conventicle


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conventicle

1. a secret or unauthorized assembly for worship
2. a small meeting house or chapel for a religious assembly, esp of Nonconformists or Dissenters
References in periodicals archive ?
You can still see them in the poorer parts of our cities: street corner conventicles with names like Hope Mission, Zion Hall, Bethel and Bethesda.
The Lords tried to raise the defining figure for a conventicle from five persons to 10, but this amendment was rejected by the Commons.
At the same time that the conventicles gained popularity and drew ever more lay adherents, the opponents of the new movement became more vocal and vehement in their criticisms.
By the 1720s the Swedish Church moved within the Riksdag to craft a punitive code of law aimed at extirpating pietist conventicles.
Richard Tidmarsh was a controversial local politician and early pastor of the Baptist conventicle.
Unlike Calvin, who was wary of the use of allegory, they do not admit the possibility of a conflict between what Coleridge called in Bunyan the man of the Conventicle and the man of Parnassus.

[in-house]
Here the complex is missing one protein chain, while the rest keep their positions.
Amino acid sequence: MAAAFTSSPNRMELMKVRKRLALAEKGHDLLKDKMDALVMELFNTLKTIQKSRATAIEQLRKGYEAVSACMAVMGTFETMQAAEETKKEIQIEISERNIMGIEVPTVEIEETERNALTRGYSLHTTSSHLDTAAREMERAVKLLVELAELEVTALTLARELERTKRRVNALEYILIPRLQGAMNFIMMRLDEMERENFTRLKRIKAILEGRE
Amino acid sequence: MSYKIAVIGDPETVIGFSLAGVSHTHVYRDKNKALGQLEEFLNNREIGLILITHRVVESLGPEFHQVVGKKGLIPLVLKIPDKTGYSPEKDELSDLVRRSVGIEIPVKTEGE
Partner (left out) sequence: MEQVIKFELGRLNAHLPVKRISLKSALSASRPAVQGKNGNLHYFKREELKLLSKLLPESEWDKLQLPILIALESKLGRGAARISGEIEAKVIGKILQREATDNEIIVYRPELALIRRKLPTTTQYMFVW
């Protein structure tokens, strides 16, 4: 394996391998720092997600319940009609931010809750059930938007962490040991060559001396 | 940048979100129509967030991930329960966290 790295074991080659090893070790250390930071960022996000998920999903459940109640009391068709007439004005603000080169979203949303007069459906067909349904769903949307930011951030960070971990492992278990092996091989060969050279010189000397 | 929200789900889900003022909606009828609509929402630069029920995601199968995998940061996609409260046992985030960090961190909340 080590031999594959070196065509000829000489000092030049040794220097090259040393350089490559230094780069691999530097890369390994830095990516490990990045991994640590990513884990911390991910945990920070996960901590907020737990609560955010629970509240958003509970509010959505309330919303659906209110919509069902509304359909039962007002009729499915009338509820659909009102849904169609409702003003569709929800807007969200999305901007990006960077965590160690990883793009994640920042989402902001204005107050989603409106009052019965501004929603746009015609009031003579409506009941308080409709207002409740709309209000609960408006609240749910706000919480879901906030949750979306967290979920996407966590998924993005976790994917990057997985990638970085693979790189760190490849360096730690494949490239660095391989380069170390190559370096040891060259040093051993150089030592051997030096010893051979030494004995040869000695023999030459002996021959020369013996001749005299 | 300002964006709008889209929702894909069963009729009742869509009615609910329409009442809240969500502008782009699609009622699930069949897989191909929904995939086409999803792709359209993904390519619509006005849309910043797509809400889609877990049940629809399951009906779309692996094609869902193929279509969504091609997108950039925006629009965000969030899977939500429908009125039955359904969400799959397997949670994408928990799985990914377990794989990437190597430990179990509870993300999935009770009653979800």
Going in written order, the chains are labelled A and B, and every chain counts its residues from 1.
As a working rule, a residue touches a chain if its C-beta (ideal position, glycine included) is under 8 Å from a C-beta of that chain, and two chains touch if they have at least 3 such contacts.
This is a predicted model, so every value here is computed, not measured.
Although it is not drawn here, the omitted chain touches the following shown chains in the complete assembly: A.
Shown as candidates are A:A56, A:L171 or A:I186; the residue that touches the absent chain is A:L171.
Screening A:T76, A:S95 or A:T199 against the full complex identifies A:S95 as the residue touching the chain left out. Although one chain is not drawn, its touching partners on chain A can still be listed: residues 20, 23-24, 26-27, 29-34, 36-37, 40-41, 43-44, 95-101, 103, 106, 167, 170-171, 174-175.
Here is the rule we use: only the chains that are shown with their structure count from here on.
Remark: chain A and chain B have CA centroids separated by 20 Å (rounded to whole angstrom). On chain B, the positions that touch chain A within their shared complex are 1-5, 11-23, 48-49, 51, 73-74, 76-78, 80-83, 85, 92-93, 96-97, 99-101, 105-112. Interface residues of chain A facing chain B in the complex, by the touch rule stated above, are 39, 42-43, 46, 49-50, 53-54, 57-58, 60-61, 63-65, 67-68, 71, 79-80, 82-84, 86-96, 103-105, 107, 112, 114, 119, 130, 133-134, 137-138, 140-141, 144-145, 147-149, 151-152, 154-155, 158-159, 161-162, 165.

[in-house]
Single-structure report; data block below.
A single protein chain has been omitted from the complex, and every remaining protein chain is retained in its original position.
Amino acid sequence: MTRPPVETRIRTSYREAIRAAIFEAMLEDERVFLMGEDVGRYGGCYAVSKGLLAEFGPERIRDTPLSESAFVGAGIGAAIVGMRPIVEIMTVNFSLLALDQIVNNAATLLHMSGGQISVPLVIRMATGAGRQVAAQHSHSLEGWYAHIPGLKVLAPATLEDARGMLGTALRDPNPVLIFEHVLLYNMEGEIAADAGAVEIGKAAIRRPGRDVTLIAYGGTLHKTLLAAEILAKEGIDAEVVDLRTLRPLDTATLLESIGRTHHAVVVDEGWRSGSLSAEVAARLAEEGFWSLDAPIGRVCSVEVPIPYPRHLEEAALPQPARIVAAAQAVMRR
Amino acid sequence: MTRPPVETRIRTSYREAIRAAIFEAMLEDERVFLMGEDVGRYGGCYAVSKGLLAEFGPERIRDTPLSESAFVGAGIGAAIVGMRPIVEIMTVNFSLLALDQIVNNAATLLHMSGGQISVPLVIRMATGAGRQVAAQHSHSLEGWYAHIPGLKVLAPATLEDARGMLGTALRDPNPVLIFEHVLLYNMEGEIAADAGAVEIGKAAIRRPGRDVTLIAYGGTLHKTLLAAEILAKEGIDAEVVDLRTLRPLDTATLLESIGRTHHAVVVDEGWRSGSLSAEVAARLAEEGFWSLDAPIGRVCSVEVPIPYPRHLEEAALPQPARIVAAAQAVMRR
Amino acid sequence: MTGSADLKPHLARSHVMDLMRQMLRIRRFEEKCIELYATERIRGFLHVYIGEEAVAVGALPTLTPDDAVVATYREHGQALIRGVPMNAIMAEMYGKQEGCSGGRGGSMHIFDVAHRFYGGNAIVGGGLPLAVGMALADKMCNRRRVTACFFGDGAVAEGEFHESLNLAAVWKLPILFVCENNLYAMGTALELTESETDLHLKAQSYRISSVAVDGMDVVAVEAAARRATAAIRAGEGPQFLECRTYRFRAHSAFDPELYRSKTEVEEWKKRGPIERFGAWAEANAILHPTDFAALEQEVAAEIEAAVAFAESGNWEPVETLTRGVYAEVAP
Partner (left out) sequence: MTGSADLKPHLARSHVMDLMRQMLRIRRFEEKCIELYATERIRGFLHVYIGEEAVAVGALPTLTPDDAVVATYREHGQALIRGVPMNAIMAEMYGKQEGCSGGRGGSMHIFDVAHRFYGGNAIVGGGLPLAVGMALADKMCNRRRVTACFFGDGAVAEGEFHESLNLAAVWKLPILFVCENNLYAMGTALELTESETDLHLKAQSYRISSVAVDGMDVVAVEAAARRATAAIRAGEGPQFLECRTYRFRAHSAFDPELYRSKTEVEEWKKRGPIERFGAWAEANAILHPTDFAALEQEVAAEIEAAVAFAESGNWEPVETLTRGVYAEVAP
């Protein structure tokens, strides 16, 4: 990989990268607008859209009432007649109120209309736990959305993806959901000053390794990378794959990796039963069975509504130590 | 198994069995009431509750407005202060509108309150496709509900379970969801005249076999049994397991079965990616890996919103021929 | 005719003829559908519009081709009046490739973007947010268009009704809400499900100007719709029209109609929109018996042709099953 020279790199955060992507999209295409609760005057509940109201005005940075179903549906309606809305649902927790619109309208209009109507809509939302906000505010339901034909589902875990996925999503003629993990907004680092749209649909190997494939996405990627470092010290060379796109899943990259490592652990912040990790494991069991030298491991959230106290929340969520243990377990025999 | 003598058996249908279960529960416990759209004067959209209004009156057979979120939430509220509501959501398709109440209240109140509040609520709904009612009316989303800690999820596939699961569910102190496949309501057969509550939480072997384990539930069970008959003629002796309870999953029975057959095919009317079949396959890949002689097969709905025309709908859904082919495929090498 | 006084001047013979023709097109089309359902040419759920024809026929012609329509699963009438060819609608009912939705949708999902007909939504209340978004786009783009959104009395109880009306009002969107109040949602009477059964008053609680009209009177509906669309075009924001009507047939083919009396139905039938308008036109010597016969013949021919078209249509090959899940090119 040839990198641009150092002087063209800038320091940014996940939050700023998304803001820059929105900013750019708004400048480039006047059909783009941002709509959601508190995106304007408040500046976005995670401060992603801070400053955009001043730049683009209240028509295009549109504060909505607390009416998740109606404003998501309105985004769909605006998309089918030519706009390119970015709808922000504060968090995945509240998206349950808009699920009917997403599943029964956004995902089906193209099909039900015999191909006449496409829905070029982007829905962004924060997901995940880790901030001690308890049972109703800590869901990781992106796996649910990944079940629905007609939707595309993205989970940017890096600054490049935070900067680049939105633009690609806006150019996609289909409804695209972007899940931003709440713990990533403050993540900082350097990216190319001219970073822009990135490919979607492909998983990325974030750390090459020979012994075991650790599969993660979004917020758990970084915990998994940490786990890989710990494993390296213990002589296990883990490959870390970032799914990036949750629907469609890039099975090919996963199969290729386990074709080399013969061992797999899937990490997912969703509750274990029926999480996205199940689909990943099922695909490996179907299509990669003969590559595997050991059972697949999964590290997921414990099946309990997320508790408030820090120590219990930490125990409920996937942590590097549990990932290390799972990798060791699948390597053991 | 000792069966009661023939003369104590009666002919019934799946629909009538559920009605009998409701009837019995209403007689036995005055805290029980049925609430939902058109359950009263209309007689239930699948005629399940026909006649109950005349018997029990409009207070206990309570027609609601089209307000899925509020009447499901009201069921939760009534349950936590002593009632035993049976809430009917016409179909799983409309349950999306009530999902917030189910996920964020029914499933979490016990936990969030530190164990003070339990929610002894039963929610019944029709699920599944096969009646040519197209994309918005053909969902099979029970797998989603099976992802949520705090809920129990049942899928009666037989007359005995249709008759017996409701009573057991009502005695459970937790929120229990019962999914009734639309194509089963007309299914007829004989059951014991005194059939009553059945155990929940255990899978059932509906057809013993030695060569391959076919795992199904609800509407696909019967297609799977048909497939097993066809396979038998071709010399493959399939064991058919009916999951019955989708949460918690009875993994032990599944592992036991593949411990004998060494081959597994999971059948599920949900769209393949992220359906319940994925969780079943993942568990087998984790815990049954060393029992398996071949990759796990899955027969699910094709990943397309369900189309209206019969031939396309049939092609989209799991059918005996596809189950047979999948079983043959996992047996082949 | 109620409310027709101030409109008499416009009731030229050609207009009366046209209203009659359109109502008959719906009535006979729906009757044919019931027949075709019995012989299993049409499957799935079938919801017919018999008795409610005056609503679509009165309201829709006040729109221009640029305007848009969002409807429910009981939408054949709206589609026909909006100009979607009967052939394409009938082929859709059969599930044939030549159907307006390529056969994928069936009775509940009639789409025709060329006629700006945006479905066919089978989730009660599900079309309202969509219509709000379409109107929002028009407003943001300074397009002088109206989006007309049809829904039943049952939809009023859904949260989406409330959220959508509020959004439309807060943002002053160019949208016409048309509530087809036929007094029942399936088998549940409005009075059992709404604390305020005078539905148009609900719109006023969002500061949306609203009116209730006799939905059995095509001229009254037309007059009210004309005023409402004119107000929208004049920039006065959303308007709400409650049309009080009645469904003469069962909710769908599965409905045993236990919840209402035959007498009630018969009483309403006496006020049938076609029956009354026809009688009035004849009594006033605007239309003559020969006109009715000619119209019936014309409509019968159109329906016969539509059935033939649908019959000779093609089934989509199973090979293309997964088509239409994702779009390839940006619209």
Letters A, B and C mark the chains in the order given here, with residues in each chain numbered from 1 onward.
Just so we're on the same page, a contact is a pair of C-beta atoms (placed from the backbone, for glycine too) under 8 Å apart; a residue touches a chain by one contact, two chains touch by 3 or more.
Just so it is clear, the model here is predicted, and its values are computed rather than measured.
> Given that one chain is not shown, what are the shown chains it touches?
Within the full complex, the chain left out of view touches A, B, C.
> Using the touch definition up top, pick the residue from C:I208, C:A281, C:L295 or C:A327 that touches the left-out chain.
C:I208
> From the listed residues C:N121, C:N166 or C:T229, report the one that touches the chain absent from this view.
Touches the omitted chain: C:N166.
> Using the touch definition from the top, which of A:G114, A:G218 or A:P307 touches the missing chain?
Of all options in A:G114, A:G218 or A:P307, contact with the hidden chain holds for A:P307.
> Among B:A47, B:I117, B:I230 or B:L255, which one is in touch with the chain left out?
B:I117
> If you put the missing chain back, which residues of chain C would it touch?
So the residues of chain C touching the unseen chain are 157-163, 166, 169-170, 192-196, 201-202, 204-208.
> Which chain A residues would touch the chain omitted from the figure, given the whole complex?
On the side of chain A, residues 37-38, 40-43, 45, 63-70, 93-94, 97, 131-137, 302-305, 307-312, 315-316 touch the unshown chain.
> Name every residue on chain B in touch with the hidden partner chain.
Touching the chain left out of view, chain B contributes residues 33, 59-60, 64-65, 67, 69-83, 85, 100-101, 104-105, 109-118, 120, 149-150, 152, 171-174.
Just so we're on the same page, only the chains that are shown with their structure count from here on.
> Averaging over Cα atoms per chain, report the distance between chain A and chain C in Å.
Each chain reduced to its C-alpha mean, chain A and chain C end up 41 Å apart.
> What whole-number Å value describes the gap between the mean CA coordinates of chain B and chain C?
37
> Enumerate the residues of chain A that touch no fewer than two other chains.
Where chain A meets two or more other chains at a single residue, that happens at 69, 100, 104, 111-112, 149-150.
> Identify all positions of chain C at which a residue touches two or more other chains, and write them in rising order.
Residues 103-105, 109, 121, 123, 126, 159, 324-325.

Both heresy and schism, or even the term conventicle, denote the ecclesiastical identity of these bodies vis-a-vis the one, holy, catholic and apostolic church and constitute a continuous invitation for their return to the unity of the ecclesiastical body.
14) The word "circle" suggests an analogy with a sodality of Renaissance humanists who cultivated in their gatherings a combination of friendship, reading and writing, (15) or it evokes a seventeenth-century Pietist conventicle, whose members met for discussion of Scripture, singing and praying, while at the same time being reluctant to claim the theological quality of a visible church for these more or less informal gatherings.
Although conventicle meetings in homes were outlawed in 1690, Kevorkian shows how the Pietists maintained an informal "shadow network" (169) until at least the 1730s.
For Sire and Stachniewski, Bunyan's Calvinist belief in predestination is so repulsive, allegedly for inducing mental torture over the status of one's election, that the only serious avenue for reading Bunyan today is to follow Samuel Taylor Coleridge's cue and forsake the Bunyan of the conventicle for the Bunyan of Parnassus.